Evidence found near a recently-legitimised Banksy painting appears to reveal how the elusive street artist never gets spotted while at work.
A number of street paintings popped up on the east coast of England recently, prompting suspicions that Banksy had taken a holiday to East Anglia and treated residents to some new creations while he was at it.
The artist later claimed responsibility for the artwork in an Instagram video titled ‘A Great British Spraycation’, but with multiple pieces of artwork of different sizes found in numerous different locations, it begs the question: how has the artist not been spotted?
Banksy gave some insight into his methods in the video, which showed him arranging a beach windbreaker to conceal some of his work on a small wall, but the setup would not have been sufficient for some of the larger pieces, such as that of a seagull painted on the side of a building as if it were swooping over a skip.
TikTok page Urban Art Club has revealed that for this particular piece of art, Banksy appeared to have a similar arrangement as with the windbreaker except on a much larger scale.
A video posted this week claimed to have found evidence of his method on the scene in the form of a tie which can be used to hold tarpaulin to scaffolding.
See the video below:
@urbanartclubHow Banksy never gets caught 🕵️♂️👀 ##Banksy ##streetart ##greatyarmouth ##lowestoft ##foryoupage♬ Dance Monkey (Piano Version) – David Howarth
The ties are put through holes in tarpaulin before being attached to the metal structures, and with both scaffolding and tarpaulin apparently spotted on the scene of the seagull painting, it seems Banksy may have used the ties to create a cover around him while he got to work.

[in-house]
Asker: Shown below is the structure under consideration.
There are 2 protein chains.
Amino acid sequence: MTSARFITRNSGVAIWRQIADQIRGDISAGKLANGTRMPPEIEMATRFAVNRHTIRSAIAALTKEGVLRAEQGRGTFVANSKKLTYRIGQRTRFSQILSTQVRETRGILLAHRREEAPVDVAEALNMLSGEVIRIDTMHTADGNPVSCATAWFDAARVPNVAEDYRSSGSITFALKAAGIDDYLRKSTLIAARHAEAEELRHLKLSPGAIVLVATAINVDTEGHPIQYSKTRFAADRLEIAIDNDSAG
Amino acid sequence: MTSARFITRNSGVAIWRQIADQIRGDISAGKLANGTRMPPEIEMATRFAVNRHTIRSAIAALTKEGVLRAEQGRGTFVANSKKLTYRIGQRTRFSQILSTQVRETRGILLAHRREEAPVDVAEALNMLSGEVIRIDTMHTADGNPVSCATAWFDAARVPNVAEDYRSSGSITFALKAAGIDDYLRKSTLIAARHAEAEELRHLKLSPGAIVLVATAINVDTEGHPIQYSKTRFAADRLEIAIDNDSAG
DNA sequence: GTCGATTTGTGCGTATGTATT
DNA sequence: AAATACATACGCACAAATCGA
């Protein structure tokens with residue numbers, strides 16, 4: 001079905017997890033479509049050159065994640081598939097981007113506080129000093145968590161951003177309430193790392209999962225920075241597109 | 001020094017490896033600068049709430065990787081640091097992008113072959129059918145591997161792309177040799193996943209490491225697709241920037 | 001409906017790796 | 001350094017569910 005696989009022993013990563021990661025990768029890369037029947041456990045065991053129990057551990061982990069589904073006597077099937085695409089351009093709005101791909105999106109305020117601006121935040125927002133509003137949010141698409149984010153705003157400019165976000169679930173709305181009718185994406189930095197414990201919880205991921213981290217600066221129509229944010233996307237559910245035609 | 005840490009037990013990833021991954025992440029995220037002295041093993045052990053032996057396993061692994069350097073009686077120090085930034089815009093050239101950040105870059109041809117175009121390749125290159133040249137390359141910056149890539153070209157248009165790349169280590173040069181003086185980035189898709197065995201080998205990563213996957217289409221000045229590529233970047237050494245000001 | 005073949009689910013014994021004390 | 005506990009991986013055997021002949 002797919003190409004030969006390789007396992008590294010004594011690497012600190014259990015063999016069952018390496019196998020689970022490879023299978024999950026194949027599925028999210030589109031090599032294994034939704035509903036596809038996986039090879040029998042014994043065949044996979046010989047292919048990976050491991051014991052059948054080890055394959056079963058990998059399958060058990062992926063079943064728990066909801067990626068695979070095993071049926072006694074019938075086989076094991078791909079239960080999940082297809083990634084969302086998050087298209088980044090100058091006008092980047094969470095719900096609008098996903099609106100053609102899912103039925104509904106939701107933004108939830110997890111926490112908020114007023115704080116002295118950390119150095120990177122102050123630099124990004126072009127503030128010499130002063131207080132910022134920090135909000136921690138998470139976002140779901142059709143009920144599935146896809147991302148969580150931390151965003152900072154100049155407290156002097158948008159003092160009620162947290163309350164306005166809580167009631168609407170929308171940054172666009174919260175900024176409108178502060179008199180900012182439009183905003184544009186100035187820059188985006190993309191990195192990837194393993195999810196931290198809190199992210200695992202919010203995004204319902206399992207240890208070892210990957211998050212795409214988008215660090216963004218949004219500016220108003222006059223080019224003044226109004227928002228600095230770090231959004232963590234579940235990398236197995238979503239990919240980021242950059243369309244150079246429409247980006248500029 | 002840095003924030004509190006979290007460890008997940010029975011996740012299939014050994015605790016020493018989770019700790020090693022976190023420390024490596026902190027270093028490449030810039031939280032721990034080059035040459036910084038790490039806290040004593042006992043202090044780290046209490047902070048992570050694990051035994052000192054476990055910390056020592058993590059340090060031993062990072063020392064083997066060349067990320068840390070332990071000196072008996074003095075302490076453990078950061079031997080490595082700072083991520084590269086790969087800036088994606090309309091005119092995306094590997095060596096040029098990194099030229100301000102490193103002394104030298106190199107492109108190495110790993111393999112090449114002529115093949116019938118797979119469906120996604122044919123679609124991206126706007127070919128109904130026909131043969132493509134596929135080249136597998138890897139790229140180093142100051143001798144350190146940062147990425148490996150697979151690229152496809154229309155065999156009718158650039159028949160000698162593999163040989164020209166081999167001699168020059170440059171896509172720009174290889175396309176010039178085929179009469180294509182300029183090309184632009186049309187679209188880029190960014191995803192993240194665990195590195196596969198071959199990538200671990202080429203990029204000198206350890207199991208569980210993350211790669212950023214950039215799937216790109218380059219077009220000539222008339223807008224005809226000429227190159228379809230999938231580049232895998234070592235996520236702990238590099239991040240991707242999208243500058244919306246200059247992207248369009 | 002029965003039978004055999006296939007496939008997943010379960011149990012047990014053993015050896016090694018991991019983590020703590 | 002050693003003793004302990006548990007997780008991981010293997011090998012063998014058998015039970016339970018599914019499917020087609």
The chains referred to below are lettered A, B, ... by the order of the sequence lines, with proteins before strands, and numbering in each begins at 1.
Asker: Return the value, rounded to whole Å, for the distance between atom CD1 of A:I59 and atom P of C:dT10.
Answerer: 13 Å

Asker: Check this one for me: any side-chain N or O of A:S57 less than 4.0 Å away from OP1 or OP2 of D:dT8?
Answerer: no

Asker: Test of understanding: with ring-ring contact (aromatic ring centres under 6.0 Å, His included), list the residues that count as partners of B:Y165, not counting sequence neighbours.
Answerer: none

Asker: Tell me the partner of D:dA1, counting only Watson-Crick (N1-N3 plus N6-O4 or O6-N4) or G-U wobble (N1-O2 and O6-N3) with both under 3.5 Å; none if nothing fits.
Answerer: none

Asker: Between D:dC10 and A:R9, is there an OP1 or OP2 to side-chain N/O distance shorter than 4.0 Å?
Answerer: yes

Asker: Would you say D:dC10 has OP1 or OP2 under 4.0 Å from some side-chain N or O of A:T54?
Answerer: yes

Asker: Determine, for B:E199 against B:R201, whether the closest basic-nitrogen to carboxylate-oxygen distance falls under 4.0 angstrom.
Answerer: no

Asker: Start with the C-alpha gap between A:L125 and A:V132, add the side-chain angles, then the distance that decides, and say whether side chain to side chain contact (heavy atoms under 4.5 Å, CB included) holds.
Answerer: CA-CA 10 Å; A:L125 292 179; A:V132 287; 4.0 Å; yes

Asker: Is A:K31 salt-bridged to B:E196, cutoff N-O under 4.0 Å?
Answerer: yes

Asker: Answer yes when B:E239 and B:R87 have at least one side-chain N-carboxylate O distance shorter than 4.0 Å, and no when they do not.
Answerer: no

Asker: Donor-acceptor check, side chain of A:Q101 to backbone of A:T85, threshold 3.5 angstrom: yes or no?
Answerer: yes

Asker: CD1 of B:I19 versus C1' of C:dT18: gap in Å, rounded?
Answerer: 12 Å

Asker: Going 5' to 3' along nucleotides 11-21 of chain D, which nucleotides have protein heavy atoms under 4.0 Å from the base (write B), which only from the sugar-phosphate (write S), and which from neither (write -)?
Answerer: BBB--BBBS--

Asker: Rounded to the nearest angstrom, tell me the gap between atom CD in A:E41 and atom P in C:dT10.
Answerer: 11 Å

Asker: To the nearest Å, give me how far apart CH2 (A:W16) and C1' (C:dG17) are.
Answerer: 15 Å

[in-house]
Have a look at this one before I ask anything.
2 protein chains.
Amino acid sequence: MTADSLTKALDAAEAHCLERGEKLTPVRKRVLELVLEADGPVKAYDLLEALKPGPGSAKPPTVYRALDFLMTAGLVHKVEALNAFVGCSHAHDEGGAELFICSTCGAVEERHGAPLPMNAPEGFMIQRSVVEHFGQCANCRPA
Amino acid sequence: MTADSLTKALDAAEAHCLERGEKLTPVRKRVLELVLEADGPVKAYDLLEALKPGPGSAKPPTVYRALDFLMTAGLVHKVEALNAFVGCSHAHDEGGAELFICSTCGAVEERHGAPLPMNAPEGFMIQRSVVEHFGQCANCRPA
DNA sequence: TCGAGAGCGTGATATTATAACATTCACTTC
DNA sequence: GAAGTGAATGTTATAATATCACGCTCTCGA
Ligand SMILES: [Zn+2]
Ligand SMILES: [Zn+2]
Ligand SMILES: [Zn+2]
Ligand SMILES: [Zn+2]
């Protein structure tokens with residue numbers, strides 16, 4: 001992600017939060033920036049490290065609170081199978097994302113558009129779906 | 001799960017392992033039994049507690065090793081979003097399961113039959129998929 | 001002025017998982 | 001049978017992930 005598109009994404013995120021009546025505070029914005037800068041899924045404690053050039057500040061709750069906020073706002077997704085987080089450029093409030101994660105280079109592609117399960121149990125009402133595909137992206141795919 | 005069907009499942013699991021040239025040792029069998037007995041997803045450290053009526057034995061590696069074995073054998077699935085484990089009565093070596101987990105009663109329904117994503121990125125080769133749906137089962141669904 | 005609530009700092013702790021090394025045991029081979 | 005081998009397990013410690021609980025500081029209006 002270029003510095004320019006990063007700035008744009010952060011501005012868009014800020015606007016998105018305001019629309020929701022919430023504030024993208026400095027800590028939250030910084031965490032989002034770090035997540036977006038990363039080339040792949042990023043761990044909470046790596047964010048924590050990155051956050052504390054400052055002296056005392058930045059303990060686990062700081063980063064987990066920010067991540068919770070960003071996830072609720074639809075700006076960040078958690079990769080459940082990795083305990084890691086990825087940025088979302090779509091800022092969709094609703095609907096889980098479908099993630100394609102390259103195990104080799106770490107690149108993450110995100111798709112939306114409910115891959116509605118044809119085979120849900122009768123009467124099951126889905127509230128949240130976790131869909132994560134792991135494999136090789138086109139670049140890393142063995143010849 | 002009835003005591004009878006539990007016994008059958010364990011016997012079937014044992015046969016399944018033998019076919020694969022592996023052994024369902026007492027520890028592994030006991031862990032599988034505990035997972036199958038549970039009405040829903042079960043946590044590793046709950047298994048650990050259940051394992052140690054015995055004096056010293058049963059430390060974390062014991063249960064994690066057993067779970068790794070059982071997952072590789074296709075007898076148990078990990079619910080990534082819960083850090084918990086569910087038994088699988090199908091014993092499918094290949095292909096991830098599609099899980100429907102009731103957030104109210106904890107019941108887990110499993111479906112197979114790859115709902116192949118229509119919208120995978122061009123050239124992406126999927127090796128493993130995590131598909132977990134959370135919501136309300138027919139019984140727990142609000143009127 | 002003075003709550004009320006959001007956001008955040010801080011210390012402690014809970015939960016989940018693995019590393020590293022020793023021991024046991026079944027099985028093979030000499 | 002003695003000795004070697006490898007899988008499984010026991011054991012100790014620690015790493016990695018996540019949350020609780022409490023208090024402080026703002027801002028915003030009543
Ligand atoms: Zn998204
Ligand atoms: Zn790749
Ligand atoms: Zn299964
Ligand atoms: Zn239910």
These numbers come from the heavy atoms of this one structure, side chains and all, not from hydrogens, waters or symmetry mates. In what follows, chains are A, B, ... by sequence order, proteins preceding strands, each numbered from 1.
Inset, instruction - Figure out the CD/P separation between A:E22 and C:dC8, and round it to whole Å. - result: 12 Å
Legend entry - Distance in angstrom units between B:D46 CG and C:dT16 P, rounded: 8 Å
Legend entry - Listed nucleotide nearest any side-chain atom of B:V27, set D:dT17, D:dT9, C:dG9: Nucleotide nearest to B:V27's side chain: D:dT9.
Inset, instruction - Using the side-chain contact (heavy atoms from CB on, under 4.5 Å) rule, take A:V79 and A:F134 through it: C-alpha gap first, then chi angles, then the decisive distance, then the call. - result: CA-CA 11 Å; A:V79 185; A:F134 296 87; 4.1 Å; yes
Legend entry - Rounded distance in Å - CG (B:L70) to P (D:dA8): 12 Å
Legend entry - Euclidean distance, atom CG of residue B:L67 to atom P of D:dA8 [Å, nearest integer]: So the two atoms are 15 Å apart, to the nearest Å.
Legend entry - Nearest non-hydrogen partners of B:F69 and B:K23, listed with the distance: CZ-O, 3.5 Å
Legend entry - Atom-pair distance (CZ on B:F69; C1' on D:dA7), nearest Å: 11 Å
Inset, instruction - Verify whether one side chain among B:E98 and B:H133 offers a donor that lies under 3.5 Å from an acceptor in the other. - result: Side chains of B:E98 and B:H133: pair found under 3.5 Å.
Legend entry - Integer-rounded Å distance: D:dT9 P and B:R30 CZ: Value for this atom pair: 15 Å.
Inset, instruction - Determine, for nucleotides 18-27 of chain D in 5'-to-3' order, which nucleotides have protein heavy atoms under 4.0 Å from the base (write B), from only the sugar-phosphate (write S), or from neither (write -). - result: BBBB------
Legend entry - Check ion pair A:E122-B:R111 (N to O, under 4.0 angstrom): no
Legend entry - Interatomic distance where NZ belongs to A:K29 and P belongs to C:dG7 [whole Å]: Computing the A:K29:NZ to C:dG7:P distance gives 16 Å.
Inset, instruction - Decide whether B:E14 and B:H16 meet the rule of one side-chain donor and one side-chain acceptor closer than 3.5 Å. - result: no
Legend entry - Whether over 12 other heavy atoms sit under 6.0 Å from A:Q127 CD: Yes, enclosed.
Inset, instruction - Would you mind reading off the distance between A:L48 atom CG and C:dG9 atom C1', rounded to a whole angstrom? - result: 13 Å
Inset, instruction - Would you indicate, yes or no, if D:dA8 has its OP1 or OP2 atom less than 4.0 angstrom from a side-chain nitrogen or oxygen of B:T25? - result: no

The seagull is one of three Banksy creations in the town of Lowestoft, Suffolk, and East Suffolk Council has assured they will all be protected.
Per BBC News, the council commented, ‘Due to its large size, work to cover the seagull on Denmark Road is still underway. Security will remain in place at this site until the work is completed.’
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Professor Paul Gough, principal and vice chancellor of Arts University Bournemouth, said material in the skip below the seagull had been used to represent chips.
Providing his expert opinion on the piece, Gough commented, ‘Here a vast seagull, painted on a gable wall in a more elaborate manner than one often sees in his work, hovers over a skip filled with huge carved chips – a reference to the incorrigible bin-picking tendencies of the ferocious urban gulls that can terrorise our resorts.’
The painting is located on the side of a house on Denmark Road in Katwijk Way, Lowestoft.
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